Apple: the next iMac would adopt a new design and an Apple Silicon processor this year

For the first time since 2012, Apple would finally renew the design of its iMac. In 2021, Apple is preparing at least three new desktop Macs. According to Bloomberg's Mark Gurman, who also released information on future MacBook Pros and iPhone 12 successors in recent days, Apple will announce an iMac and two Mac Pros in 2021. The transition to Apple Silicon processors gives a new blows to the computers of the Californian giant.     iMac: finally an edge-to-edge screen This year, the iMac could change completely. Mark Gurman indicates that the borders of his screen would be much smaller, like Pro Display XDR, the ultra high-end screen launched by Apple with the Mac Pro in 2019. The back of the computer would also abandon the curvature in favor of a completely flat frame.  This new iMac would also be equipped with an Apple Silicon processor, probably a more powerful chip than the Apple M1 chip currently present in the MacBook Air, MacBook Pro and Mac mini. The 2021 iMac is reportedly

The Constitutional Council validates the offense of breach of confinement

The Constitutional Council validated, Friday, June 26, the criminal offense of violation of containment, created by the law of state of health emergency, an offense denounced as strongly contested but considered sufficiently precise and therefore "in conformity" with the Basic Law.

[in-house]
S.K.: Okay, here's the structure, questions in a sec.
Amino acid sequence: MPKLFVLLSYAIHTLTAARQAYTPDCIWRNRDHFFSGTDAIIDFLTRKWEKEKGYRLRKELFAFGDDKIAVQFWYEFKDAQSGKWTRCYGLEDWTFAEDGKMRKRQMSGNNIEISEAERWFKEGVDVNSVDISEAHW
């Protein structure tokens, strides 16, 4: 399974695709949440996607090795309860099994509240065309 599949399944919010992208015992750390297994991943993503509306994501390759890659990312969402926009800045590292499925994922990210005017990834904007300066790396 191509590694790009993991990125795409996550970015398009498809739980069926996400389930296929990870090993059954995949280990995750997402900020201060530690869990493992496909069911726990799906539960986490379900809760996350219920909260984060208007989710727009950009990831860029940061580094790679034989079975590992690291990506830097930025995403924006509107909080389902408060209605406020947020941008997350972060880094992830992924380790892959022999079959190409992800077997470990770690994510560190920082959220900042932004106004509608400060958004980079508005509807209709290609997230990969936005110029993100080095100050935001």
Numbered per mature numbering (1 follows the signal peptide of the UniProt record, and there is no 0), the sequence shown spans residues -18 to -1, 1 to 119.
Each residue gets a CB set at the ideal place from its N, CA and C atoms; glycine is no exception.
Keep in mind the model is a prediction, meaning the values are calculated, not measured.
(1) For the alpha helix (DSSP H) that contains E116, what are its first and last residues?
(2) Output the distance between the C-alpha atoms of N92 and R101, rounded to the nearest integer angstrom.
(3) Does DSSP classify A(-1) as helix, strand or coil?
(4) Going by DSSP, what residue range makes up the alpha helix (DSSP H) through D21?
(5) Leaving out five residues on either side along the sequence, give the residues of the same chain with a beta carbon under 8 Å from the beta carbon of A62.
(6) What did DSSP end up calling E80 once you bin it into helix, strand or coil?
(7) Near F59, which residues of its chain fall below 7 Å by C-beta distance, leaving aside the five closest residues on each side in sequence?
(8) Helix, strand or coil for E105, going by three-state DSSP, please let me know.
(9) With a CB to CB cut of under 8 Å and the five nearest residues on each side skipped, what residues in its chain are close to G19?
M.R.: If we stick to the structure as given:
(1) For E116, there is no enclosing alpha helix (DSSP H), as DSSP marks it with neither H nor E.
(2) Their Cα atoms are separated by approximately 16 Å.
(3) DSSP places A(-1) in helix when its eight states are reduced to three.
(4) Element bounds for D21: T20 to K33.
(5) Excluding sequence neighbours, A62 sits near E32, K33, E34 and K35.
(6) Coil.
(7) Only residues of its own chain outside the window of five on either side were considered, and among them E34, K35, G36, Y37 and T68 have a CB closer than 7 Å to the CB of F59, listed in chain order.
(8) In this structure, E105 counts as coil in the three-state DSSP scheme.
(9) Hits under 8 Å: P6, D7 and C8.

The Constitutional Council validates the offense of breach of confinement

The Council "judges that the legislator has sufficiently determined the field of the obligation" made to the citizens and "rejects the complaint drawn from the disregard of the principle of legality of the crimes and the penalties", he explains in a press release.

The offense created by article L.3136-1 of the public health code provides that a person fined more than three times for breach of confinement within 30 days is liable to a penalty of six months imprisonment and a fine of 3,750 euros. The "wise men" were seized by the Court of Cassation, which examined in May several priority questions of constitutionality (QPC) concerning this article.

"The legislator has not adopted imprecise provisions"
Before the Constitutional Council, the applicants' lawyers had squeezed out a text adopted in "precipitation", "escalation", responding to a repressive "need for display", which had seriously infringed fundamental rights, including that of an "effective remedy".




The Council judges that "neither the notion of verbalization, which designates the fact of drawing up a report of offense, nor the reference to" travel strictly essential for family and health needs "is imprecise or ambiguous".

In addition, "by retaining as a constitutive element of the offense the fact that the person had been previously verbalized 'on more than three occasions', the legislator did not adopt imprecise provisions".

In particular, underlines the Council, "these provisions do not allow that the same exit, which constitutes a single violation of the prohibition of exit, can be verbalized repeatedly".